Unlike all of us, my mom had some difficulties climbing up, but all paid off every time she saw some places to shop. There was this Maroccon bazar alley that got her all excited. After arriving, we took a rest for couple of hours and then went out to the city center and caught some sunsets from Albayzin ( the village where we stay ) to look over Alhambra with its redness with the spot light from the sunset.
Day 5 – Granada (Alhambra)
Yasin arranged a guide in Alhambra because it was not allowed to bring guide from outside. Our guide named Tariq, he’s as old as my dad. I can see a fatherly figure on him. He explained the story properly. Alhambra is a royal house (not palace), total is 7km and without even realizing it, my mom made it from the beginning till the end. The power of mind and not knowing!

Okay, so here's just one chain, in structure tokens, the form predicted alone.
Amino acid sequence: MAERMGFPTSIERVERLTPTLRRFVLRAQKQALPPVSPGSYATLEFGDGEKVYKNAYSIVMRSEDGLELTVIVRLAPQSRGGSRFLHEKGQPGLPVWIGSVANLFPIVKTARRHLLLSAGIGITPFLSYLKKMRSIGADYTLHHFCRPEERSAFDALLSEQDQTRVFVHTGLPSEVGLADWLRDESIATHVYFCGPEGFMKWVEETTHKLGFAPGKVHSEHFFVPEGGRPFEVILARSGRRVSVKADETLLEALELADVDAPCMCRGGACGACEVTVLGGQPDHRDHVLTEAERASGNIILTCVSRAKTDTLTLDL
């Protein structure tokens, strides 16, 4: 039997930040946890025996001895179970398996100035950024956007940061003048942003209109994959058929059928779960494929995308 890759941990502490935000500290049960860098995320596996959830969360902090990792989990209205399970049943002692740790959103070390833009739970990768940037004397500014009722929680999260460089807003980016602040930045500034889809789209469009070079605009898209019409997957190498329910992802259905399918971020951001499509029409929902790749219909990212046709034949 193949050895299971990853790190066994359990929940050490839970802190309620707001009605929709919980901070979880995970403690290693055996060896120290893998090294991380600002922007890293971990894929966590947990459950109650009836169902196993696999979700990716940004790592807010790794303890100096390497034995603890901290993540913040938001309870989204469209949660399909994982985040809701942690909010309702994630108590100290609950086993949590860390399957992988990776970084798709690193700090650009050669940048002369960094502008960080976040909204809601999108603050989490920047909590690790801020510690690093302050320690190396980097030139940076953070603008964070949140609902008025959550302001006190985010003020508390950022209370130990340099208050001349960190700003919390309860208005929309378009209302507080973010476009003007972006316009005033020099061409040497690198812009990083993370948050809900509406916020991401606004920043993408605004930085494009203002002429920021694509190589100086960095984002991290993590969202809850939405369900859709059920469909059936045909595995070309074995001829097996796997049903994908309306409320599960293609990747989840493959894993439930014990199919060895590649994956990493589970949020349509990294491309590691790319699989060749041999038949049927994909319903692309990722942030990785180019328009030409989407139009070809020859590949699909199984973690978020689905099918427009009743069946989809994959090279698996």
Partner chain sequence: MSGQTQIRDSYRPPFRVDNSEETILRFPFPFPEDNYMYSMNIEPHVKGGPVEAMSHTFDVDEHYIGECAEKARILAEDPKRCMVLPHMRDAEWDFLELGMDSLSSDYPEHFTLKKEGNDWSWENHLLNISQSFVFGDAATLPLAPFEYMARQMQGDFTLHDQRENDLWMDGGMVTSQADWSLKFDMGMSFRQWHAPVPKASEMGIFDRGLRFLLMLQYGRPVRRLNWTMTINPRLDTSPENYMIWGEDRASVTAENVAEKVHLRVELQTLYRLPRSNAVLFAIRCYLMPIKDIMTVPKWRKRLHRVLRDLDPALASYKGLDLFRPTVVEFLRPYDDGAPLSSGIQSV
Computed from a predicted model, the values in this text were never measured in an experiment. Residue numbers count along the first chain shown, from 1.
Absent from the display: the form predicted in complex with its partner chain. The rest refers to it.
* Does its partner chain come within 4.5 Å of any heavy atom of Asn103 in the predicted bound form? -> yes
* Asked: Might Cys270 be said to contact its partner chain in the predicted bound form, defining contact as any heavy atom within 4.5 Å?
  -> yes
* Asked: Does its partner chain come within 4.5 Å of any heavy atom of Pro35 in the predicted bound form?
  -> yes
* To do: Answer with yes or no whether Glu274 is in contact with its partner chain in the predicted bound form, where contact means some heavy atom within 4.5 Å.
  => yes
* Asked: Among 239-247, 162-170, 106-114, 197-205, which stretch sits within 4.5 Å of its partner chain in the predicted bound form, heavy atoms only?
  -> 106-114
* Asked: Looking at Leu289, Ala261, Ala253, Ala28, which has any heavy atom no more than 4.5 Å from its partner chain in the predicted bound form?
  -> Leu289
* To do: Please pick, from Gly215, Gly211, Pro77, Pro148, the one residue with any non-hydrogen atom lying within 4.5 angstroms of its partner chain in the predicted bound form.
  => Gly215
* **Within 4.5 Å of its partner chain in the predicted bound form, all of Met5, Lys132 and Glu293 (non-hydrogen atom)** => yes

Alhambra (/ælˈhæmbrə/; Spanish: [aˈlambɾa]; Arabic: الْحَمْرَاء, [ʔælħæmˈɾˠɑːʔ], Al-Ḥamrā’, lit. “the red one”),[a] the complete form of which was Calat Alhamra,[b] is a palace and fortress complex located in Granada, Andalusia, Spain. It was originally constructed as a small fortress in 889 and then largely ignored until its ruins were renovated and rebuilt in the mid-11th century by the Moorish emir Mohammed ben Al-Ahmar of the Emirate of Granada, who built its current palace and walls. It was converted into a royal palace in 1333 by Yusuf I, Sultan of Granada.
Alhambra’s Islamic palaces, as we know them today, were built for the last Muslim emirs in Spain and the court of the Nasrid dynasty. The decoration consists, as a rule, of Arabic inscriptions that are manipulated into geometrical patterns wrought into arabesques. Painted tiles are largely used as panelling for the walls. The palace complex is designed in the Mudéjar style, which is characteristic of western elements reinterpreted into Islamic forms and widely popular during the Reconquista, the reconquest of the Iberian Peninsula from the Muslims by the Christian kingdoms.